Ignite units in tow, and tried to snag him as a participant. “I was doing it more as a favor to Alex,” he said. “Iwasn’t sure I was going to like it. It took me 2-3 days to see what the advantages were.”His deployment went smoothly. “Alex did it,” he said. “He did it in an hour. He copied the old files from the oldsystem to the new, had a cup of coffee, showed me the features, and went off.”It took Griffiths a few days to install all the new versions of his development software, but not that much total time,as he was able to configure his system alongside other tasks. For a few days, he had both machines side by side onhis desk. “After a week, I gave the old system to someone else,” he said.As he was careful to copy over only files and didn’t try to use old software, installing all-new programs from theInternet instead, he avoided most compatibility issues. He made a few false steps along the way, but “nothing thatcaused me any great distress,” he noted. He figured out how to do 80% of the things that stumped him just usingWindows 7’s local search functionality. For the other 20%, he phoned up Alex.“No bugs have stopped me since July,” he trumpeted.He’s got three Windows 7 machines now, two from the program and one loaded on existing hardware. He expectsto migrate a wave of five more machines this year, to be used by his commercial people, who will get the mostimmediate benefit, and a second wave in 2010, keeping a couple of Windows XP and Windows Vista machinesaround to maintain the ability to replicate customer environments for testing purposes. “Some customers areextremely slow at changing,” he said, a bit apologetically.Like others, he described Windows 7’s benefits in terms of time savings, citing right off the bat fast startup and easynetwork connection as two features that save a lot of time. He estimated that he saves “tens of minutes” every dayjust because of the efficient design of the Taskbar, using Hover and Preview to manage his typical 10 or more opendocuments and programs. Griffiths also noted that Windows 7’s ability to suspend and resume quickly actuallyleads to productivity and service level improvements.As an example of greater productivity, he said now he actually works “ a lot more” on train rides that before wouldhave been too short to allow time for wake up and sleep — as well as work.As an example of service level improvements, he noted that now he can now immediately engage with clients uponarrival at a site without worrying. “It used to take me 15 minutes to connect to Internet, and the customer wouldoften lose interest.” Now, his system comes to life, finds the local profile, and connects to network and printingservices, all while he’s chatting with his customer, making a firm business contact before the presentation.“When Alex came, I wasn’t sure I’d like it,” Griffiths summarized. “But I see it was a very large improvement overXP. We’re faced with another dimension, a leap forward. I get the impression I’m gaining lots of time and notlosing anything.”IdiconSpacePriya Ravisankar is an associate architect at IdiconSpace, an architecture firm that designs buildings and doesproject management in Bangalore, India. The firm has 25 employees using 9 PCs, including the two new Igniteunits. The software load includes Microsoft Office for general commercial purposes and a CAD program and photoediting software for design work.Although IdiconSpace was pleased by its experience with Windows 7 and intends to migrate to it as budgetconstraints allow, reality is that the new OS will arrive at the company one unit at a time with new purchases ofhardware, which will be replaced only via attrition.Compatibility issues were limited with the Windows 7 installation. “Initially, we did have problems,” Ravisankarsaid, “two blue screens with the beta, working with the CAD program, but after the RC version we did not have thatissue.” She did mention that Windows XP and Windows 7 “don’t work well together” on IdiconSpace’s networkunder some circumstances.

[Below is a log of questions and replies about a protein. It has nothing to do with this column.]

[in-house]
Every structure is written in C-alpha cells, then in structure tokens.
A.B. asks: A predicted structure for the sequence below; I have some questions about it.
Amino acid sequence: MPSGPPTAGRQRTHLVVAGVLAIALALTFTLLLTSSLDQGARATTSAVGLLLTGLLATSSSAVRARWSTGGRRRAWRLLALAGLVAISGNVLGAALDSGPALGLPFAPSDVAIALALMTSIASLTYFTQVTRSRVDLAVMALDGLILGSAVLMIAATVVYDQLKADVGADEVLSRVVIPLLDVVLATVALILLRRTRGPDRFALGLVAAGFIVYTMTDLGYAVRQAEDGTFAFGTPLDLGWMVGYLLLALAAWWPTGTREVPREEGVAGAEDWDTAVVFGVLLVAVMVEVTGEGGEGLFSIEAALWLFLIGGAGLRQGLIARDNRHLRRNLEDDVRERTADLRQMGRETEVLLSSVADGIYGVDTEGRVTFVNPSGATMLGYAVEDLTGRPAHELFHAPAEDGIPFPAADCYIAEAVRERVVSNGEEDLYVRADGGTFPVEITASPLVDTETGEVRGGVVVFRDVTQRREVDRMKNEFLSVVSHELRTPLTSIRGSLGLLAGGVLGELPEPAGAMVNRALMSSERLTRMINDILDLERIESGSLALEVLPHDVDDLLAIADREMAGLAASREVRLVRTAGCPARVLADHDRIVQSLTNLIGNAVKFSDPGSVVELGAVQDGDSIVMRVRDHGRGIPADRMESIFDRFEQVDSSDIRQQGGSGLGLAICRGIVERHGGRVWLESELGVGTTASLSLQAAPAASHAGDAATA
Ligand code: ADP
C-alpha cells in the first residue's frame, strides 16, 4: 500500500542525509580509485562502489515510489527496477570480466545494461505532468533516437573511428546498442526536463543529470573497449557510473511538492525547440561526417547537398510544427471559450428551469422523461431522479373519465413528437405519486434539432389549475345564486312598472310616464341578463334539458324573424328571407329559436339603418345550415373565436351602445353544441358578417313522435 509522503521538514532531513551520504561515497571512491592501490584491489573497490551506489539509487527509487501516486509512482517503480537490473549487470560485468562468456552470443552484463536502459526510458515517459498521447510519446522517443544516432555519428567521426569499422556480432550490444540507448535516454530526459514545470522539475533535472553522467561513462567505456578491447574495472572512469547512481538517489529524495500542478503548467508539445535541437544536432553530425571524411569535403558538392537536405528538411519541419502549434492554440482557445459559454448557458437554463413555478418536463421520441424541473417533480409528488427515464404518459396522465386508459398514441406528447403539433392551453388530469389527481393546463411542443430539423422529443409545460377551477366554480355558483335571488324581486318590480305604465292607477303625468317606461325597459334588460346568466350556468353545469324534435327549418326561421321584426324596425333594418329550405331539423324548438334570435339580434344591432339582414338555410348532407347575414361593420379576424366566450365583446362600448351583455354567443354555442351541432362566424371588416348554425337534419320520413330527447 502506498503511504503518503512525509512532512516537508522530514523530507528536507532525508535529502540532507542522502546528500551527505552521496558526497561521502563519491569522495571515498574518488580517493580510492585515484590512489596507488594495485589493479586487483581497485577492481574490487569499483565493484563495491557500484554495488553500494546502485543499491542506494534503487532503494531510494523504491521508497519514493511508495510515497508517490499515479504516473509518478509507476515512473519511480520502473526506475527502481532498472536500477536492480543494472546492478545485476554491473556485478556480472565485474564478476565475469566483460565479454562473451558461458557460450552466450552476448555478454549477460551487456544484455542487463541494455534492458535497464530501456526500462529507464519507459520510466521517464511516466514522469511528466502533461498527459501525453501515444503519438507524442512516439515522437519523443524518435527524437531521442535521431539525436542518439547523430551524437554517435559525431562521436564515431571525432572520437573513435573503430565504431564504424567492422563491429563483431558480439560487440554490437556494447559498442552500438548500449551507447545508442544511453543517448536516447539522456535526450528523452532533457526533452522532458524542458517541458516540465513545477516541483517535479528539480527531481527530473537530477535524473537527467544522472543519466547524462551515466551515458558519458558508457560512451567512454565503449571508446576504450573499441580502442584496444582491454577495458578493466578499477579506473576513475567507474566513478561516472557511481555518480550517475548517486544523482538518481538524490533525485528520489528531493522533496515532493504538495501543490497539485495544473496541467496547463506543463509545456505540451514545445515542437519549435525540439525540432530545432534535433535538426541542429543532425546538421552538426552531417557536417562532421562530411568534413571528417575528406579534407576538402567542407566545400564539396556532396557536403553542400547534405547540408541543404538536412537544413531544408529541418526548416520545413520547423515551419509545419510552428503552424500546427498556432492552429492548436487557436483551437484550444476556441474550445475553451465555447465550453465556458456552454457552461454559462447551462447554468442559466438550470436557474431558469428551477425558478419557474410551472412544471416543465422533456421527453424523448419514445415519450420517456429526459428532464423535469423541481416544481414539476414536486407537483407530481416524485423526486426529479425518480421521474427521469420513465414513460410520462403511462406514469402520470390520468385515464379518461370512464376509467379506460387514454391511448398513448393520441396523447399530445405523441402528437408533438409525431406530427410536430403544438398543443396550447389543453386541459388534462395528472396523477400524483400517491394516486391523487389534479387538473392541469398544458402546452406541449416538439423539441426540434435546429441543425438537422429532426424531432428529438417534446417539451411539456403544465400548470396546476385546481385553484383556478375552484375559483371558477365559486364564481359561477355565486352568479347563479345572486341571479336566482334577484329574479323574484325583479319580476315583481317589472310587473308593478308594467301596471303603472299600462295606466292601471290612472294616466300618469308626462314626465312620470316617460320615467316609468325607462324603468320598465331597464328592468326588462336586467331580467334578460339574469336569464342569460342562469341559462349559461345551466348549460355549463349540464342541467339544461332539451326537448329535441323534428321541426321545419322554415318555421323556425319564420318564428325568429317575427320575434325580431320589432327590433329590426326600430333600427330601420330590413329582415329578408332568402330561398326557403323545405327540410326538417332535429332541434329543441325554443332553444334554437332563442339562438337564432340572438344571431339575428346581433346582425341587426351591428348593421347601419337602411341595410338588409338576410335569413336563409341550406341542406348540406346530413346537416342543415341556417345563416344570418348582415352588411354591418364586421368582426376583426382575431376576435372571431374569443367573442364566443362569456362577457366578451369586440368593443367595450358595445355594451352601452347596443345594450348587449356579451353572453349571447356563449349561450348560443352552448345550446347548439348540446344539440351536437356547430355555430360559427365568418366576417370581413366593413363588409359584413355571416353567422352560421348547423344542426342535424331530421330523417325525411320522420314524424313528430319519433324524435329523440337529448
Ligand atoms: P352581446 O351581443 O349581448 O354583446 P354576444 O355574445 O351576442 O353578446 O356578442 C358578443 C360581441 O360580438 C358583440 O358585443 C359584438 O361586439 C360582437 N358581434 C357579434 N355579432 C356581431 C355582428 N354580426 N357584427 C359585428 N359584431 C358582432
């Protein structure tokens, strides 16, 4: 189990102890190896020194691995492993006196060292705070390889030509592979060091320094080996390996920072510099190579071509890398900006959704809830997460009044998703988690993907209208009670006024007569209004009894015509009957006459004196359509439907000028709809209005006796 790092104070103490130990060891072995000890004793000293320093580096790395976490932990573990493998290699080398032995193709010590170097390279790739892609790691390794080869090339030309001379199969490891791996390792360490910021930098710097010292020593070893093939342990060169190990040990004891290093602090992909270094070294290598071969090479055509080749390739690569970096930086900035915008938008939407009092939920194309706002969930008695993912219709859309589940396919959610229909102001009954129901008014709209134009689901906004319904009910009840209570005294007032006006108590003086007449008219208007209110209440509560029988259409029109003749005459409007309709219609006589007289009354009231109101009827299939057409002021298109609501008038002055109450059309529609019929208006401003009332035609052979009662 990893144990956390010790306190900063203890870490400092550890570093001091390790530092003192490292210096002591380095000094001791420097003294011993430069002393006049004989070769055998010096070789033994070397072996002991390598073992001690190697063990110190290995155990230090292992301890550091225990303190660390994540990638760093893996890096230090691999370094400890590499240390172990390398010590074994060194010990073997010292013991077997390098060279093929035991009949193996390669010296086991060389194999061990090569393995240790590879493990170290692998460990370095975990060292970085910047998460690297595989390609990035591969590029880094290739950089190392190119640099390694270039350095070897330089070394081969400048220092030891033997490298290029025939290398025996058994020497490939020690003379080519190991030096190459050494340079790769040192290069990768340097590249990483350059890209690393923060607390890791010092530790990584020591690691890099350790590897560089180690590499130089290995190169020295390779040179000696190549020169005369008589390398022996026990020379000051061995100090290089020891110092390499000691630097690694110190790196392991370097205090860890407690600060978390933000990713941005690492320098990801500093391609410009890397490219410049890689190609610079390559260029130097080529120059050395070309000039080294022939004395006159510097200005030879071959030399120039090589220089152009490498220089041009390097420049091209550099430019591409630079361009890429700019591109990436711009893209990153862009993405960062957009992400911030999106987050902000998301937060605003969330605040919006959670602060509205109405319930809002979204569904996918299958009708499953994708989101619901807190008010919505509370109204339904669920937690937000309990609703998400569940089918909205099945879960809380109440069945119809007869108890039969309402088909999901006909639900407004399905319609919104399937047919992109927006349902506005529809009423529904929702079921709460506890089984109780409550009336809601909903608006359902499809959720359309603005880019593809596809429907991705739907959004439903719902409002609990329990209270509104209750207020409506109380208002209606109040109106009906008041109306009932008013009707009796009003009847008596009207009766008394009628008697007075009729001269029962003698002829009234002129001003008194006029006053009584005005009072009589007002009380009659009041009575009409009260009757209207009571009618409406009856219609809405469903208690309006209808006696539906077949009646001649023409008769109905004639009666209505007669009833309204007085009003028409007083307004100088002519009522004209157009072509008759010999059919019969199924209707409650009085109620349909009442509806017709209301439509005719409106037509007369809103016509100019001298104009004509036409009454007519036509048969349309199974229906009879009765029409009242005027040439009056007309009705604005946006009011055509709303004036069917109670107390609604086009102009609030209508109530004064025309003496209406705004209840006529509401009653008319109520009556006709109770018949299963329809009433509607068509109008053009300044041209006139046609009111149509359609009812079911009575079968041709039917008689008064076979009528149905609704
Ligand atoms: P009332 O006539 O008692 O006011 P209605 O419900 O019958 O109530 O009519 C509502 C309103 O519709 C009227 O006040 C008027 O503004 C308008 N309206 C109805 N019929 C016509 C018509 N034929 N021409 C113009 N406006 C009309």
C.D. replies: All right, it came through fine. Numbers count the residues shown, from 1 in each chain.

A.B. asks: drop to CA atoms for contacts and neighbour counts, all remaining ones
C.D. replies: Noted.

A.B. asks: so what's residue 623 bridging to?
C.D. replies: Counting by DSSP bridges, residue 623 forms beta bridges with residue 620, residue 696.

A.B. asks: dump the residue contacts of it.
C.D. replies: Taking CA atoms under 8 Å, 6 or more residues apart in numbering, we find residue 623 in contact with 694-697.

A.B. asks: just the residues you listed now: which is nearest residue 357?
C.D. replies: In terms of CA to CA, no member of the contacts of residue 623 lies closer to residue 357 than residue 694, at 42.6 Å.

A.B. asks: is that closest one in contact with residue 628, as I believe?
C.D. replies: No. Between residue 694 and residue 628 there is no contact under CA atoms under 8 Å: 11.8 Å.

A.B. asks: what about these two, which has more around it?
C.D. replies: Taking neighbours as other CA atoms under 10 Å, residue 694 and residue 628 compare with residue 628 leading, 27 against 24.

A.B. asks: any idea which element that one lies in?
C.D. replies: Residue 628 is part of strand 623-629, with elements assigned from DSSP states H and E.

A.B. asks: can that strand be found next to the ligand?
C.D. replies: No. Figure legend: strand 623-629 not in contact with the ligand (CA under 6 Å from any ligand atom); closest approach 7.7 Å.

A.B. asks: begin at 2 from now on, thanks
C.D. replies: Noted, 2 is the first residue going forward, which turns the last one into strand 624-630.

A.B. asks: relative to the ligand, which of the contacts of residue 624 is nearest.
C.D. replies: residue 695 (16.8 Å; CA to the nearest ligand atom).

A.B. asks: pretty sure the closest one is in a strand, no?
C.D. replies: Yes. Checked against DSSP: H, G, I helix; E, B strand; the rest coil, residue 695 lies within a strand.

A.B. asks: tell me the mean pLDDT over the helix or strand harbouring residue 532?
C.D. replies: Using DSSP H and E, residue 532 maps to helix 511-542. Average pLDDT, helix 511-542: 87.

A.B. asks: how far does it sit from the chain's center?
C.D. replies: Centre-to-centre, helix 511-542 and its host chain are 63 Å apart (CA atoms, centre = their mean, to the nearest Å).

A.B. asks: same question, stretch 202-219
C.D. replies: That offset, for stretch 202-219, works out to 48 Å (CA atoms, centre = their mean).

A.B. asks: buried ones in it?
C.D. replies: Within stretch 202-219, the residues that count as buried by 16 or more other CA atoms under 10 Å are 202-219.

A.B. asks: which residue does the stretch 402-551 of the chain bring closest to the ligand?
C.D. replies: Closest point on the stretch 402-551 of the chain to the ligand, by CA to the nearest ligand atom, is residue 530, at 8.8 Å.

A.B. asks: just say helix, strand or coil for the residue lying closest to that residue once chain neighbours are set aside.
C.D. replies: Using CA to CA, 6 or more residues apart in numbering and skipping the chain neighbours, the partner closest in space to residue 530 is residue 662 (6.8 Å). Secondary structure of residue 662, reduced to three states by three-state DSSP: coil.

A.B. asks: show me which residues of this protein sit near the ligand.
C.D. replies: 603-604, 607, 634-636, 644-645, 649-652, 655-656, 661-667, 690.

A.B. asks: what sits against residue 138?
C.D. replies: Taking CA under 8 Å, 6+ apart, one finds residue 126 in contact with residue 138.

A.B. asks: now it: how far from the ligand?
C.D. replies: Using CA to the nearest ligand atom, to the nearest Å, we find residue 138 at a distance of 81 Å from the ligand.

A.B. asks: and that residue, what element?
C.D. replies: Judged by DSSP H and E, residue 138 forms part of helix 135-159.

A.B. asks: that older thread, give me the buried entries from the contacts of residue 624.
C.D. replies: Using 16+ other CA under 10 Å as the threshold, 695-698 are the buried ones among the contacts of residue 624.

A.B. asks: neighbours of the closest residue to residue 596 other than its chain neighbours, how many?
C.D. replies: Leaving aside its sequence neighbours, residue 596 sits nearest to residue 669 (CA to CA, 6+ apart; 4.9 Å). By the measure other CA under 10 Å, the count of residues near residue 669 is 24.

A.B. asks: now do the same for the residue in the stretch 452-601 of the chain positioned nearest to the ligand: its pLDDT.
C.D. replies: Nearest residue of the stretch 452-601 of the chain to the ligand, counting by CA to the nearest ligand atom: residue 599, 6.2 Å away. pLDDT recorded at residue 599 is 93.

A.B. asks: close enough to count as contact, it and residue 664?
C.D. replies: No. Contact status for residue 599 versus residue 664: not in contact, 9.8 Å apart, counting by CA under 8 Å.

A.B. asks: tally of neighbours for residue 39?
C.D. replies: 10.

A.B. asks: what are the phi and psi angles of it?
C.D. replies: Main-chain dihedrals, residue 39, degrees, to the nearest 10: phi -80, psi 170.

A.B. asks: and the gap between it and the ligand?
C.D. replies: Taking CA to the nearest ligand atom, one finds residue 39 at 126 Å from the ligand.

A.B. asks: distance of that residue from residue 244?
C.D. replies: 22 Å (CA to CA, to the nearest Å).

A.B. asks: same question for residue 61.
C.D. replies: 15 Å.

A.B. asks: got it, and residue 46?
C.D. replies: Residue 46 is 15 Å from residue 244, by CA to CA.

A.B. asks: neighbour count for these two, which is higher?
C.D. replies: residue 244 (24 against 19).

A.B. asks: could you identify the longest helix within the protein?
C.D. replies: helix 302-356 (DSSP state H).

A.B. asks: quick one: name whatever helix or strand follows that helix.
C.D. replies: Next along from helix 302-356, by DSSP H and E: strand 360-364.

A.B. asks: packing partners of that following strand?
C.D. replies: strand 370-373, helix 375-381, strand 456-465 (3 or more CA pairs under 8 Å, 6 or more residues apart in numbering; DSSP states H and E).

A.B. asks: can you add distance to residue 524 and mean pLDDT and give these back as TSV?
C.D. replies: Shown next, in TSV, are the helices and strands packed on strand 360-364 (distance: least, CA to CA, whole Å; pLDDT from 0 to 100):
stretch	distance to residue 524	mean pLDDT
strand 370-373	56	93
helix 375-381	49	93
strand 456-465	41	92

Benefits, however, were substantial. Ravisankar said that, in performing the common IdiconSpace task of doing awork estimation and a drawing simultaneously, Windows 7 cut by half the time it takes to do some multidayprojects. Employees used to have to do this work on two different systems, printing the information, andtransferring it by hand to Excel. Translating this time savings into money, she estimated, would yield monthlysavings of 20,000 rupees (~$420), serious money for a small business.Ravisankar’s favorite feature is that group of attributes that add up to ease of navigation: the Taskbar, Thumbnailpreviews, and being able to view large amounts of data at once. She also liked Windows 7’s speed and ease ofnetwork connection.“Windows 7 really saves time. Small firms aren’t IT oriented and will find the ease of use features appealing,” shesaid.PartnersPartners, of course, could be expected to be more positive than customers, since they make their livings by sellingproducts that include Microsoft software, and are anxious to extol their benefits and sing their high praises.Nonetheless, some of the partner detail is interesting in that it points out various highlights of Windows 7 by thosewho know them best.12:34 MicroTechnologiesAlejandro Rosado is the CEO at 12:34 MicroTechnologies, a firm in Lancester, PA, that provides outsourced ITservices for customers who don’t have their own IT departments. About 85% of 12:34’s business is deployment andsupport of hardware and software. The company offers network and help desk support and even does some basicwebsite design as well as provide limited application support. Although most customers have their owninfrastructure, 12:34 rents space from DNE Communications, a local Internet service provider, where it can run anoffsite datacenter for services such as disaster recovery.Rosado has seven employees, four technicians, two administrative employees, and one person who provides helpdesk and development services in house. He was an early convert to Windows 7, having standardized the companyon the beta code in March 2009, when the Ignite Program was launched.“We’re an early adopter of anything, a very proactive Microsoft partner,” said Rosado.He received beta code in December 2008, and right away put it on his production machine. A few months later, hehad everyone at the firm on the beta, which he deemed stable enough to run his entire business. Right away, he sawbenefits in Windows 7. He cited location-aware printing as a great time saver, doing the math quickly in his head.He figured that not having to set up printing at each client site saved “maybe only five minutes” of setup. But withfour technicians visiting eight clients each per day, the time savings on that one feature alone was more than 13hours per week. “And that’s just one feature, let alone performance and the wireless tools,” he added, referring tothe fact that his technicians’ location profiles include his clients’ wireless settings and automatically log on whenthey arrive on site.“The value to my business was apparent immediately,” he said. “I knew it wasn’t final code; I didn’t care.” Heliked Windows 7 so much that when he found that an old printer didn’t have a driver compatible with Windows 7,he just bought a new one. “The speed, the tools made us so much more productive, it was worth buying a newprinter to be compatible.”Peak Support ServicesGuy Gregory is a technical specialist at Peak Support Services, which is based in Matlock, a town in Derbyshire inthe midlands of England. Peak Support, a Microsoft Gold Partner, provides IT services to small and midsizeenterprises. Although the name implies a certain ability to provide IT support at key moments, it also plays on thefact that Derbyshire contains most of Peak District National Park and a section called High Peak. Customers runfrom single users to firms with 200 seats, but most fall within the 5-25 seat range.